An important step in the restoration process is prioritizing restoration actions across watersheds, within watersheds or even within sub-watersheds or stream reaches. This step follows the assessment of watershed processes and identification of restoration opportunities, and often requires integrating stated objectives, incorporating physical and biological information, and weighing social-economic considerations. We continue to work with those funding and implementing restoration to provide tools to assist with prioritization of restoration at different scales that are transparent, effective and based on best available science. The following are several recent products.
Beechie, T., E. Beamer, and L. Wasserman. 1994. Estimating coho salmon rearing habitat and smolt production losses in a large river basin, and implications for restoration. North American Journal of Fisheries Management 14:797-811.
Beechie, T.J., G.R. Pess, and H. Imaki. 2012. Estimated changes to Chinook salmon and steelhead habitat carrying capacity from rehabilitation actions for the Trinity River, North Fork Trinity to Lewiston Dam. Contract Report to the U.S. Fish and Wildlife Service. Northwest Fisheries Science Center, National Marine Fisheries Service, National Oceanic and Atmospheric Administration, Seattle, Washington, 39p.
Beechie, T., G. Pess, P. Roni, and G. Giannico. 2008. Setting river restoration priorities: a review of approaches and a general protocol for identifying and prioritizing actions. North American Journal of Fisheries Management 28:891-905.
Beechie, T.J., M.M. Pollock, and S. Baker. 2008. Channel incision, evolution, and potential recovery in the Walla Walla and Tucannon River basins, northwestern USA. Earth Surface Processes and Landforms 33:784-800.
Feist, B.E., E.A. Steel, G.R. Pess, and R.E. Bilby. 2003. The influence of scale on salmon habitat restoration priorities. Animal Conservation 6:271-282.
Greene, C.M., and T.J. Beechie. 2004. Habitat-specific population dynamics of ocean-type chinook salmon (Onchorynchus tshawytscha) in Puget Sound. Canadian Journal of Fisheries and Aquatic Sciences 61:590-602.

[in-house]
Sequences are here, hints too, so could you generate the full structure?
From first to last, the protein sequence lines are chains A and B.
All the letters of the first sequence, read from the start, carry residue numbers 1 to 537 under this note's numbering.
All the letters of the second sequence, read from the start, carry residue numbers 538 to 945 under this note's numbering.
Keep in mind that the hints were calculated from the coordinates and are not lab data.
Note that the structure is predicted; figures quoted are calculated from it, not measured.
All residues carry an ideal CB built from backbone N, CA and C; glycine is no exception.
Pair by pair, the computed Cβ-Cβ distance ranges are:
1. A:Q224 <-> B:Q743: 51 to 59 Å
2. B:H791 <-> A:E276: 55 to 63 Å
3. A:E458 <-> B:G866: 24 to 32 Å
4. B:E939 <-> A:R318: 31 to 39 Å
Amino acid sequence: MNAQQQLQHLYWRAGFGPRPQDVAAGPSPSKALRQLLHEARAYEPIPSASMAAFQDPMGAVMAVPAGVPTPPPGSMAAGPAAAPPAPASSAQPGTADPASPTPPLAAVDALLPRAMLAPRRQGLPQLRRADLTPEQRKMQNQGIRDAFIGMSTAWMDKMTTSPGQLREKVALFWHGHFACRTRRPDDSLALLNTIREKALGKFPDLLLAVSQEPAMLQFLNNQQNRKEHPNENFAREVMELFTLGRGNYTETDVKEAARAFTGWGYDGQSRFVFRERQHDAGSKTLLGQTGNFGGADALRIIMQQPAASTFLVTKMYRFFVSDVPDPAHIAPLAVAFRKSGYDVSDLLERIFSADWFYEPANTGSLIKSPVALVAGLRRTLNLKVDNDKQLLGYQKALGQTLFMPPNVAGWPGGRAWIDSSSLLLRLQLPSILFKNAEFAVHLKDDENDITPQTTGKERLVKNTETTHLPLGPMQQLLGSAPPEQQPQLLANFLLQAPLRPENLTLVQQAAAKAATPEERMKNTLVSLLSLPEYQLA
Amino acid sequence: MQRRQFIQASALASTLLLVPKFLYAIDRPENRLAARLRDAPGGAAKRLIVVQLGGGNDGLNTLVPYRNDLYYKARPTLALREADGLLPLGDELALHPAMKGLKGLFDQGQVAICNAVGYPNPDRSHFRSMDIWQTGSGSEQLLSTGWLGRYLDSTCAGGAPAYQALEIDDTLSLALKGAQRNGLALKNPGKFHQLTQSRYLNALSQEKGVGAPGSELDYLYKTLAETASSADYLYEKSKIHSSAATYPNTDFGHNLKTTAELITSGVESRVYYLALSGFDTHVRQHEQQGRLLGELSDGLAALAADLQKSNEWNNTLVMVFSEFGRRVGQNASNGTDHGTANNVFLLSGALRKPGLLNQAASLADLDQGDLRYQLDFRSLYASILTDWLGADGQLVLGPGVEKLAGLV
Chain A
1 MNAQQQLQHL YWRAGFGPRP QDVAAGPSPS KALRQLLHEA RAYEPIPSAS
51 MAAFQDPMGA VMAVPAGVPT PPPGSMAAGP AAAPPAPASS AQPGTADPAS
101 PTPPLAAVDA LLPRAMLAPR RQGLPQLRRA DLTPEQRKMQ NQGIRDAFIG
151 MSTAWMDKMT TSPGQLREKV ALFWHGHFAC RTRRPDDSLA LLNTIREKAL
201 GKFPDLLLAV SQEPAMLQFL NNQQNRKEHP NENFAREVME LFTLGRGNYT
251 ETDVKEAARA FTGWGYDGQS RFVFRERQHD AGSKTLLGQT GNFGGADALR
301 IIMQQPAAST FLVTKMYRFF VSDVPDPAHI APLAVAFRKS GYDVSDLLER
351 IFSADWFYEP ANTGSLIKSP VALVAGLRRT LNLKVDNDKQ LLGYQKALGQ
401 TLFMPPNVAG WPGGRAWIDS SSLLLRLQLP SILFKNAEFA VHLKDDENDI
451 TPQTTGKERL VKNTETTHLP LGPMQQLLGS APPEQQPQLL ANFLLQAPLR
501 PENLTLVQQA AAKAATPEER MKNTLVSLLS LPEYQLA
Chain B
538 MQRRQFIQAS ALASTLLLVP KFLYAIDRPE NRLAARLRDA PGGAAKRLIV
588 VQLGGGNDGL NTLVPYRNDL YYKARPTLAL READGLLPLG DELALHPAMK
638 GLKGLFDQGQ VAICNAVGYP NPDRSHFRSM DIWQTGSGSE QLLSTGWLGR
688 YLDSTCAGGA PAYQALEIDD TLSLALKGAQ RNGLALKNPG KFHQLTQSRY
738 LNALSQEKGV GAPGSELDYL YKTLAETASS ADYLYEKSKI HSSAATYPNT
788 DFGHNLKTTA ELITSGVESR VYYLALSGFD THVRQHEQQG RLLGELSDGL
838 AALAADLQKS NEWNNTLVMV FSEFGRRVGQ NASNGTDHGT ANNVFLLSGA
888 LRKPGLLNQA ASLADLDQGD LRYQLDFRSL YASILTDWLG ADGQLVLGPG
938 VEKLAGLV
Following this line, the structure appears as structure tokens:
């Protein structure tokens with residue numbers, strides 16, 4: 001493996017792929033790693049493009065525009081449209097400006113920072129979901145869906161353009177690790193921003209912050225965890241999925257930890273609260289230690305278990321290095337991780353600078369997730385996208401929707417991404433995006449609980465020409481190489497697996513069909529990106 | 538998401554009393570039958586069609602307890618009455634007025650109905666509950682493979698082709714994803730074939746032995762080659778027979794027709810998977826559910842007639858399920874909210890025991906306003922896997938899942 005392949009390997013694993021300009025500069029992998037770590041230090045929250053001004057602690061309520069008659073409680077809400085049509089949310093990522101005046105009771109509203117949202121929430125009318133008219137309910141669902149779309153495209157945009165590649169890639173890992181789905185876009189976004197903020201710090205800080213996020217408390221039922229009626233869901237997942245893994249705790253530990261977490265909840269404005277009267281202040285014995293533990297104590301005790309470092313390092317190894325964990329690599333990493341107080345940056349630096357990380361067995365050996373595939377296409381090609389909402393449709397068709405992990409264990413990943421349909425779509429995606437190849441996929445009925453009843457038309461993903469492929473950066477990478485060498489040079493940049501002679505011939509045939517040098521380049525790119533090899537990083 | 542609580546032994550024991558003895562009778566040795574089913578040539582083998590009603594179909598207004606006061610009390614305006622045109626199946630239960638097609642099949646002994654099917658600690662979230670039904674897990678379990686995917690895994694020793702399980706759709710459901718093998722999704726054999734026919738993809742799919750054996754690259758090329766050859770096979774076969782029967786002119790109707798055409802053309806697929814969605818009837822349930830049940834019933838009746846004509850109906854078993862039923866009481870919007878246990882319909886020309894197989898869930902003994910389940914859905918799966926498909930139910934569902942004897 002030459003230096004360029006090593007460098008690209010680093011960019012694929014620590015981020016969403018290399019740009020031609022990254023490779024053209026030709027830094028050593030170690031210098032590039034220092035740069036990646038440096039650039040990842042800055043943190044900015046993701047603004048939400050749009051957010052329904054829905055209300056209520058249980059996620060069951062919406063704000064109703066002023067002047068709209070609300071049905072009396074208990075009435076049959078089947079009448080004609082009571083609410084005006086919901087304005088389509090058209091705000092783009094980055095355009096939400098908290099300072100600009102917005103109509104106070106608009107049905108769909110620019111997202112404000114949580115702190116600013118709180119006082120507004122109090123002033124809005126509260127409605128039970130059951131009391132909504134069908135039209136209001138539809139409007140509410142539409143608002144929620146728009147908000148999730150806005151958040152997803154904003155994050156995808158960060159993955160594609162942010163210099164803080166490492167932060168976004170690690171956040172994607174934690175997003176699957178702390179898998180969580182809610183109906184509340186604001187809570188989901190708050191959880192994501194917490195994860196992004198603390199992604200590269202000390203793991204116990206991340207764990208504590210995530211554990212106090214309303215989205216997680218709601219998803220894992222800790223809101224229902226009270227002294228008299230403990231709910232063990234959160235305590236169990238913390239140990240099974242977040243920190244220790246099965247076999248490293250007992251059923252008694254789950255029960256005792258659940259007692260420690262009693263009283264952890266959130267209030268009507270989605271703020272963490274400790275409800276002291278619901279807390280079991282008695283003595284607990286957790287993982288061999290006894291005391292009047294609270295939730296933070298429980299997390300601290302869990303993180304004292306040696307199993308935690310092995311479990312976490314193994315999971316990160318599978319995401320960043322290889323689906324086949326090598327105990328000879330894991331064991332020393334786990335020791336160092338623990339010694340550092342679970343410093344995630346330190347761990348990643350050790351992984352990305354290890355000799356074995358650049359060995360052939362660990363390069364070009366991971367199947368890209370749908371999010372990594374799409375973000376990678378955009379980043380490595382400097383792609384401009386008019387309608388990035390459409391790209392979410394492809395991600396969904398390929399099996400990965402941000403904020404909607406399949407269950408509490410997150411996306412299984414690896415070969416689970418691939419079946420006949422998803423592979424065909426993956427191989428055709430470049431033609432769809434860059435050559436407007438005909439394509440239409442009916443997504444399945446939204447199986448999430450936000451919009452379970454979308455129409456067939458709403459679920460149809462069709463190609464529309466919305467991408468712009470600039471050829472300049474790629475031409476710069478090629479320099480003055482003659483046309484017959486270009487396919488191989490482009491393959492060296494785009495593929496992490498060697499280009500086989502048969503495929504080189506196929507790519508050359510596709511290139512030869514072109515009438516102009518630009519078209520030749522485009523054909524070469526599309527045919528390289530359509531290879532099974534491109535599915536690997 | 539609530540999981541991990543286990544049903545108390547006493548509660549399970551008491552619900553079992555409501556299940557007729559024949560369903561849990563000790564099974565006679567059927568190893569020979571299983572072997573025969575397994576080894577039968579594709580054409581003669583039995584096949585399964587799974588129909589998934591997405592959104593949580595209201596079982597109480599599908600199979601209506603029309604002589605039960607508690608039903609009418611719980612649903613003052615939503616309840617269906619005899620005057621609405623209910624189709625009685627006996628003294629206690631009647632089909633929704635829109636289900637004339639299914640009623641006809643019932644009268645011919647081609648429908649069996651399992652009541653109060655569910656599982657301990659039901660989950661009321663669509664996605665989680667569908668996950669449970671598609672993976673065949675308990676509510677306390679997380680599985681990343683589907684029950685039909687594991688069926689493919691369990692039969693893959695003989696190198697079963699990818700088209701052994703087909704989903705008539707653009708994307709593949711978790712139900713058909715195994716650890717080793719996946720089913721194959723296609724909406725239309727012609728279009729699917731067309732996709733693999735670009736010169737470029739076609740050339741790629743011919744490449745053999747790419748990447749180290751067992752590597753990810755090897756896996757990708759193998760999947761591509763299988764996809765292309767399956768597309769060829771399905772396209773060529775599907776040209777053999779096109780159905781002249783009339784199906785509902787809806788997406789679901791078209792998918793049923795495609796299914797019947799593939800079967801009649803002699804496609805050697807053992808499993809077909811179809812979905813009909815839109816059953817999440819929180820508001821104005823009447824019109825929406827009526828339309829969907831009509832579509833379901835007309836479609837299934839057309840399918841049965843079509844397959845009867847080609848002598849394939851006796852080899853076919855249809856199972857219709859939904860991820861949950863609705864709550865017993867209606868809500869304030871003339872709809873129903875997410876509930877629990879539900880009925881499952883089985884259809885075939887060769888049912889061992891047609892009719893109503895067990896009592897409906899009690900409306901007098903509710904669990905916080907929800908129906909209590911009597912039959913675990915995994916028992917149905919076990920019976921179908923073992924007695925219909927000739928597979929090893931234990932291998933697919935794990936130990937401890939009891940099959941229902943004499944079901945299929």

Hyatt, T.L., T.Z. Waldo, and T.J. Beechie. 2004. A watershed scale assessment of riparian forests, with implications for restoration. Restoration Ecology 12:175-183.
Roni, P., T.J. Beechie, R.E. Bilby, F.E. Leonetti, M.M. Pollock, and G.R. Pess. 2002. A review of stream restoration techniques and a hierarchical strategy for prioritizing restoration in Pacific Northwest watersheds. North American Journal of Fisheries Management 22(1):1-20.
Roni, P., T.J. Beechie, and G.R. Pess. 2004. Prioritizing restoration actions within watersheds. Pages 60-73 in T.J. Beechie, E.A. Steel and P. Roni, editors. Ecosystem recovery planning for listed salmon: an integrated assessment approach for salmon habitat. NOAA Technical Memorandum NMFS-NWFSC-58, Seattle, Washington.
Roni, P., T. Beechie, S. Schmutz, and S. Muhar. 2013. Chapter 6: Prioritization of watersheds and restoration projects. Pages 189-214 in P. Roni, and T. Beechie, editors. Stream and watershed restoration: a guide to restoring riverine processes and habitats. Wiley-Blackwell, Chichester, United Kingdom.
Roni, P., G.R. Pess, T.J. Beechie, and S.A. Morley. 2011. Estimating salmon and steelhead response to watershed restoration: How much restoration is enough? North American Journal of Fisheries Management 30:1469-1484.
Roni, P., G. Pess, K. Hanson, and M. Pearsons. 2013. Chapter 5: Selecting appropriate stream and watershed restoration techniques. Pages 144-188 in P. Roni and T. Beechie, editors. Stream and watershed restoration: a guide to restoring riverine processes and habitats. Wiley-Blackwell, Chichester, United Kingdom.
Steel, E. A., B.E. Feist, D. Jenson, G.R. Pess, M.B. Sheer, J. Brauner, and R.E. Bilby. 2004. Landscape models to understand steelhead (Oncorhynchus mykiss) distribution and help prioritize barrier removals in the Willamette Basin, OR, U.S.A. Canadian Journal of Fisheries and Aquatic Sciences 61:999-1011.Go to top